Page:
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Minister recommends gays seek treatment

Homosexuals should get themselves into treatment, according to Justice Minister Ján Čarnogurský, and should not expect to see a law passed legalising homosexual marriages at least for the duration of the current minister's term.
Speaking at a press conference August 17, Čarnogurský, chairman of the government coalition Christian Democrats party, said that giving homosexual relationships similar status to those enjoyed by men and women in heterosexual marriages "degrades the family."
A draft law that would give homosexuals in long-term relationships the status of "registered partners" has been ready since 1997, but was not approved by the cabinet of then Prime Minister Vladimír Mečiar, or the current government of Mikuláš Dzurinda. The law would allow homosexual partners, among other things, to refuse to testify in court against their mate, to take three days off work in the event of their partner's death, and to deed property to each other without taxation.

Homosexuals should get themselves into treatment, according to Justice Minister Ján Čarnogurský, and should not expect to see a law passed legalising homosexual marriages at least for the duration of the current minister's term.

Speaking at a press conference August 17, Čarnogurský, chairman of the government coalition Christian Democrats party, said that giving homosexual relationships similar status to those enjoyed by men and women in heterosexual marriages "degrades the family."

A draft law that would give homosexuals in long-term relationships the status of "registered partners" has been ready since 1997, but was not approved by the cabinet of then Prime Minister Vladimír Mečiar, or the current government of Mikuláš Dzurinda. The law would allow homosexual partners, among other things, to refuse to testify in court against their mate, to take three days off work in the event of their partner's death, and to deed property to each other without taxation.

But the Christian Democrats, triumphant after the approval of a treaty between Slovakia and the Vatican last week, maintained that the recent treaty pledged each side to protect monogamous heterosexual marriages as "the basis of a healthy society". His tough stance against homosexuals, said Čarnogurský, should be understood as "fulfilling the terms of the Vatican treaty".

The Christian Democrats even produced a medical expert at the press conference - psychiatrist and Christian Democrat MP Alojz Rakús - to reinforce their claim that homosexuality was a disease.

"In the past, when homosexuals were still being sent for treatment, I succeeded in curing two of five such patients - male homosexuals. The therapy was so successful that these homosexual individuals, who were living full-blown homosexual lifestyles, in the end formed heterosexual marriages and had children.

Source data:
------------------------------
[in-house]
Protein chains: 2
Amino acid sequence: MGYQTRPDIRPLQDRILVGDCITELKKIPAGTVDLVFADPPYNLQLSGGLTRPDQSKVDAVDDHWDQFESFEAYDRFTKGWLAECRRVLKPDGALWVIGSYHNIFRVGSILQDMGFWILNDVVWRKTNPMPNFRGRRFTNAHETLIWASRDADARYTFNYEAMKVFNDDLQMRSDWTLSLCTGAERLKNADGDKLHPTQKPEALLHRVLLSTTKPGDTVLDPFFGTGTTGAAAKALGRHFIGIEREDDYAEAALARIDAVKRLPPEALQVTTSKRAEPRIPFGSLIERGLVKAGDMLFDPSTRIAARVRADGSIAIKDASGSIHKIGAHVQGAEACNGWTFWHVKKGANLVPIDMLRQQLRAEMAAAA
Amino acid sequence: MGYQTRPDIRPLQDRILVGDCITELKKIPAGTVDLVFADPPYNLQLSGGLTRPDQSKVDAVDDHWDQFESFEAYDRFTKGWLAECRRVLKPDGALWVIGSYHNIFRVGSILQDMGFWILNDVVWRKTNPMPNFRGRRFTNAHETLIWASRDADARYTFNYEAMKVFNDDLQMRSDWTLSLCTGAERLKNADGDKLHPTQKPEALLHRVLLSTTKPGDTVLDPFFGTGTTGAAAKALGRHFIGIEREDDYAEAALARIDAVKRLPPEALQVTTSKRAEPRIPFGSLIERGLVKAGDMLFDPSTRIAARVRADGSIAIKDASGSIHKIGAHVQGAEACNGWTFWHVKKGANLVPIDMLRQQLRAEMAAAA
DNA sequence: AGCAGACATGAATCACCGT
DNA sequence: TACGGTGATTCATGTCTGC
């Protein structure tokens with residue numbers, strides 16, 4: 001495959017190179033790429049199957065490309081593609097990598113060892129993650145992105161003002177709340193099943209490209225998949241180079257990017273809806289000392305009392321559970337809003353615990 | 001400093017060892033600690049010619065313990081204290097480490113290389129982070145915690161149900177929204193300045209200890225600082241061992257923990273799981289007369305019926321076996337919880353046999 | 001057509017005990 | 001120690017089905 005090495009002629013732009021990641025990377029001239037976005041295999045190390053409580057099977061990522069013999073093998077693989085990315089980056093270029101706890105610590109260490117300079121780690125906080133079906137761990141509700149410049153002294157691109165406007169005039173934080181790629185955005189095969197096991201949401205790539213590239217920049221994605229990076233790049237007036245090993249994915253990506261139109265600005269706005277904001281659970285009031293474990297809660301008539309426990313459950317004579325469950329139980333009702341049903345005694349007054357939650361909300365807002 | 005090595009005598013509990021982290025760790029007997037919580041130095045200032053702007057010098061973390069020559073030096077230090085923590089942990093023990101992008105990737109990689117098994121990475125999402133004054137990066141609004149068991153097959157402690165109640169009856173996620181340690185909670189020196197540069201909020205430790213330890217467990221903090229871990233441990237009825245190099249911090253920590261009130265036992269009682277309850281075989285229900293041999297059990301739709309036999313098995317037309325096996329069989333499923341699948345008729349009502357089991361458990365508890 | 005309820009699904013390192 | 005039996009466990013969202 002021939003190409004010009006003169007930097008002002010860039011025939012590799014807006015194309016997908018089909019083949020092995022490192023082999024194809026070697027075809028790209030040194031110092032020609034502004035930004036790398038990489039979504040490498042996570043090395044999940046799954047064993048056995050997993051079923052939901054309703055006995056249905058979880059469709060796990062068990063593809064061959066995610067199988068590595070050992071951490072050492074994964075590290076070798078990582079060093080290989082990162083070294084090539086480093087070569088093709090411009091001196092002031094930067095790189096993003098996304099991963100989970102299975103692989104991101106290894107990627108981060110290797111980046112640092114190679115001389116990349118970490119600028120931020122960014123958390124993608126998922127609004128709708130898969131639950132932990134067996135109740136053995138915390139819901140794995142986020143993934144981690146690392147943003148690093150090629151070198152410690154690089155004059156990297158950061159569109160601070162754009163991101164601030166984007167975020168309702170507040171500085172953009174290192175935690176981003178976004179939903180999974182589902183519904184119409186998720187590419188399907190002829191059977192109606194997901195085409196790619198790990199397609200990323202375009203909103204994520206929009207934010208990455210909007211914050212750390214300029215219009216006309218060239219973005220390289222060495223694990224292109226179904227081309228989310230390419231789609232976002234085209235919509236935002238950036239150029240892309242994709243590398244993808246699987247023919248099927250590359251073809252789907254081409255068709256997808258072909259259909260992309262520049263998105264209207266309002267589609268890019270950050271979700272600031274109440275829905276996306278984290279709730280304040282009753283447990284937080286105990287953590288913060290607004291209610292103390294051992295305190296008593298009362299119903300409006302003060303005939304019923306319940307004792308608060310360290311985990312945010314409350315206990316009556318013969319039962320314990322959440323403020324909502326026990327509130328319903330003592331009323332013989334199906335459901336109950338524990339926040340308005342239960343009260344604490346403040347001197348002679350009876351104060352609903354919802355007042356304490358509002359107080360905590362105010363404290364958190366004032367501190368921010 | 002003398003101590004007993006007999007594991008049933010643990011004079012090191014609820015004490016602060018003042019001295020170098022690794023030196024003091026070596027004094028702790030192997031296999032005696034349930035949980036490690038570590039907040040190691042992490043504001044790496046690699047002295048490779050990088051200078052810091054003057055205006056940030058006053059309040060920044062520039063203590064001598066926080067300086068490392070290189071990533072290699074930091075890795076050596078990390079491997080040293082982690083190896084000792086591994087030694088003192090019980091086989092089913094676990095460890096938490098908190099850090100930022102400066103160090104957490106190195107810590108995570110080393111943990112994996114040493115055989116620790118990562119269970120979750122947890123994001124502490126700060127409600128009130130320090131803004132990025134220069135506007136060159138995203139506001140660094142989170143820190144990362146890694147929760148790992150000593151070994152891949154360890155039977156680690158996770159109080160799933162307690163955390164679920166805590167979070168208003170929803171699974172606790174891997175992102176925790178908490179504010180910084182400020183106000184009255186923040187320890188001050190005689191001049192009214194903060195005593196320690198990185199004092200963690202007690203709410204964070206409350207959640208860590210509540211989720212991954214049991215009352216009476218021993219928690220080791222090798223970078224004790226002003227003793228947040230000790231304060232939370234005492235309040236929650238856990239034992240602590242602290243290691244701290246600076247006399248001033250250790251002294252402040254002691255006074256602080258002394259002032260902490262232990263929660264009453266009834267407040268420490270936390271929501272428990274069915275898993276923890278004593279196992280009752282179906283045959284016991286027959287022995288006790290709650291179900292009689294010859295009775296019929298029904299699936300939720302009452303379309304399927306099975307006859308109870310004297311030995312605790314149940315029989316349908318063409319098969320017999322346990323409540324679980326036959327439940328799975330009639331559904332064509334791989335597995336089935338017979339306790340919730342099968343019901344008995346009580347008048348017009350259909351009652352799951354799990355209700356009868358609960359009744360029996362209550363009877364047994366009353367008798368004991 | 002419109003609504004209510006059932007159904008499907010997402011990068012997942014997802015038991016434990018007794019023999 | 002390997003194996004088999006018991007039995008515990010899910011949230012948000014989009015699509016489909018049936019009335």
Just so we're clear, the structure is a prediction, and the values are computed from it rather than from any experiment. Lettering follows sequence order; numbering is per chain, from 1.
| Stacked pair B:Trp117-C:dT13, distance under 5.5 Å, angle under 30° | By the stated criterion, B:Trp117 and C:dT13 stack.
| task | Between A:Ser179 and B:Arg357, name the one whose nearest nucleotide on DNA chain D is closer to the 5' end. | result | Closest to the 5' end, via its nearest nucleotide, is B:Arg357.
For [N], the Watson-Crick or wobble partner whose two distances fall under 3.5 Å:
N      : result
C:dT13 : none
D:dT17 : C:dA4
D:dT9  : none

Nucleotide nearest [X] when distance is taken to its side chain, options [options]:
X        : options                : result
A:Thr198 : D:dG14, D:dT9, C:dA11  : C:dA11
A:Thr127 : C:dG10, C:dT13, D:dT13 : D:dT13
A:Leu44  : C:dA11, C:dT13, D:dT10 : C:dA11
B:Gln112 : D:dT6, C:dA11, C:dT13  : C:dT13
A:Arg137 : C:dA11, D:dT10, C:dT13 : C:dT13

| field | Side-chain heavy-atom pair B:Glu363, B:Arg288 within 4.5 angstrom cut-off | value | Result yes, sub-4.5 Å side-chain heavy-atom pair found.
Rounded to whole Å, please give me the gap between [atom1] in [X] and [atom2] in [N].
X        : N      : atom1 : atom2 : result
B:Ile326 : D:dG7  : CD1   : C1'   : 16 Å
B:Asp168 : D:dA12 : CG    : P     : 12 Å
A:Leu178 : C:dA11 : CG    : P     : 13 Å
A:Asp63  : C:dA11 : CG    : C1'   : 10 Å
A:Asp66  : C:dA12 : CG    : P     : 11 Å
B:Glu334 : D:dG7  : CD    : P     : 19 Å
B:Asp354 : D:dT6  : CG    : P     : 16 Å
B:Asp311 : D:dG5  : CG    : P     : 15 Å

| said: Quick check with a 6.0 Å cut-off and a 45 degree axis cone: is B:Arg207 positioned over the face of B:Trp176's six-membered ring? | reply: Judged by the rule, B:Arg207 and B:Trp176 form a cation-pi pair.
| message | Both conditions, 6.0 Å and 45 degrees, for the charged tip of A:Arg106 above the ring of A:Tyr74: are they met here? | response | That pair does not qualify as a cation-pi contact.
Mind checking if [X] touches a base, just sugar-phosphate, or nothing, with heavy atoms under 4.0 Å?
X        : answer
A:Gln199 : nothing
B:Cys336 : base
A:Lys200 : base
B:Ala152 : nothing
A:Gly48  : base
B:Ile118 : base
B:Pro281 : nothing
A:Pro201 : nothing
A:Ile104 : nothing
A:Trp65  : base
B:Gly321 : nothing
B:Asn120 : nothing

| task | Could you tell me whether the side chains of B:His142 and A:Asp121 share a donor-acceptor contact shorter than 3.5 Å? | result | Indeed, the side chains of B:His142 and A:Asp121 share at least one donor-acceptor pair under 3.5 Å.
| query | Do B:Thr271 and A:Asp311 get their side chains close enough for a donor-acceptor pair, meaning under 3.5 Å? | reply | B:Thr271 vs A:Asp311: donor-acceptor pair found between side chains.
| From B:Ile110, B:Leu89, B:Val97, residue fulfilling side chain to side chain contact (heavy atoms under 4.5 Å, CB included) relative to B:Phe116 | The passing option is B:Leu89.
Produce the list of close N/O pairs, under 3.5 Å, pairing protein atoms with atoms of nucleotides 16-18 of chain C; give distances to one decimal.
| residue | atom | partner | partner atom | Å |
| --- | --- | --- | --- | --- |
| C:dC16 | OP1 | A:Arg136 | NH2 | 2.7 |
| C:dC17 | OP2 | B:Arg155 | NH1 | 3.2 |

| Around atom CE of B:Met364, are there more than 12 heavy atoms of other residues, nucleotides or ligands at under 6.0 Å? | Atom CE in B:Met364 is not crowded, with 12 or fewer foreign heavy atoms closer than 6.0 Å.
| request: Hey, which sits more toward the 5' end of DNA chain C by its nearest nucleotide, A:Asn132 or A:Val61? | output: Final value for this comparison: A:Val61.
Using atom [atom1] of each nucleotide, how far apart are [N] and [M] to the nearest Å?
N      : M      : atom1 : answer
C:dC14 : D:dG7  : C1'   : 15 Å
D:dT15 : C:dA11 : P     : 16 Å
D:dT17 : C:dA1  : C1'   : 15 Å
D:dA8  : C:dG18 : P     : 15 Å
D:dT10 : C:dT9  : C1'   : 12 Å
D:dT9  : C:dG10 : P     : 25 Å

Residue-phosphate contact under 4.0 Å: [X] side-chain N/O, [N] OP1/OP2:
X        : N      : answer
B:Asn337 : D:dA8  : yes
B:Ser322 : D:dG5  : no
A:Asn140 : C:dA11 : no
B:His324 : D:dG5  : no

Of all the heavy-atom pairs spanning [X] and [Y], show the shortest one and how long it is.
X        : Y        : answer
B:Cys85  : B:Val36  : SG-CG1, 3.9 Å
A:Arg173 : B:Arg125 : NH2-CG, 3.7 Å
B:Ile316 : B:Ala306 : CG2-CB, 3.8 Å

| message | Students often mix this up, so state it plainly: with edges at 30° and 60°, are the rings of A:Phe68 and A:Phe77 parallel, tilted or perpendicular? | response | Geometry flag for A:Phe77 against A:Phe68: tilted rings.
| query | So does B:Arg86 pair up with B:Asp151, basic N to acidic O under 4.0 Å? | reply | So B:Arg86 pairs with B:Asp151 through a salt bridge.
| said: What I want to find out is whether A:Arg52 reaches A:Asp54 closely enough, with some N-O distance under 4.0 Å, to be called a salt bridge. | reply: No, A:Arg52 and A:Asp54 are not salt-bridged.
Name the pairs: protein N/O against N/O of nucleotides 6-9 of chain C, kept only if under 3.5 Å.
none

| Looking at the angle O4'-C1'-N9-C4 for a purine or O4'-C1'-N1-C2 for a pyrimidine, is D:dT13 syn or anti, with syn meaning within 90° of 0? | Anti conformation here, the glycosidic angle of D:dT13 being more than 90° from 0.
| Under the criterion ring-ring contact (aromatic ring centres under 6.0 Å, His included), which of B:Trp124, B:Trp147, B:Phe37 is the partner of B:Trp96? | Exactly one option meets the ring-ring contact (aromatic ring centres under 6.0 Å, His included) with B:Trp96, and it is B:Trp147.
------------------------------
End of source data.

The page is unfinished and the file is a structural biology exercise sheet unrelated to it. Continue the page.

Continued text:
"I know for sure that one of these marriages is still healthy because he [the former patient] regularly sends me greetings," said Rakús, adding that psychotherapy was successful in 'curing' on average 52% of homosexual patients.

The Christian Democrat statements drew both anger and ridicule from other psychiatrists and civil groups such as the Difference Initiative (Iniciatíva Inakosť). Ludvik Nábělek, head of psychiatry at Roosevelt Hospital in Banská Bystrica, Slovakia's largest medical institution, said that "homosexuality is a [genetic] condition, not a disease. Just as not even being stretched on the rack can make us grow if we are genetically small, the same is true of treatment for homosexuals, which usually causes only trauma to the patient".

Marián Vojtek of the Difference Initiative was equally dismissive of Čarnogurský's position. "Homosexuality in Slovakia is a hot potato that each person who catches it quickly passes it on to another so he doesn't have to deal with it," he said. Far from endangering the family unit or the institution of marriage, Vojtek added, homosexual partnerships "are a question of the decision of two people to take a common and lawful path through life."

The Difference Initiative was formed this past spring to promote a free society in which people do not suffer discrimination for their sexual orientation, religious faith, life goals or ethnic or racial background. The group's Jozef Greč said: "Every post-communist society has a huge problem accepting sexual, racial or ethnic differences."

German lesbian activist Ira Kormannshaus, who is active in Slovakia, also had a message for the Justice Minister. "Even Sigmund Freud said it was no more possible to treat homosexuals than it was to treat heterosexuals," she remarked.

Despite his insistence that homosexuality was curable, Čarnogurský was not able to say how patients eager to rid themselves of the affliction should proceed, since homosexuality has not been included on the list of psychiatric diseases since 1973, and thus the cost of treating it would not likely be covered by Slovak medical insurance.

"I guess they'll have to lie," was Čarnogurský's advice to homosexuals who wanted the state to pay the cost of their medical rehabilitation.

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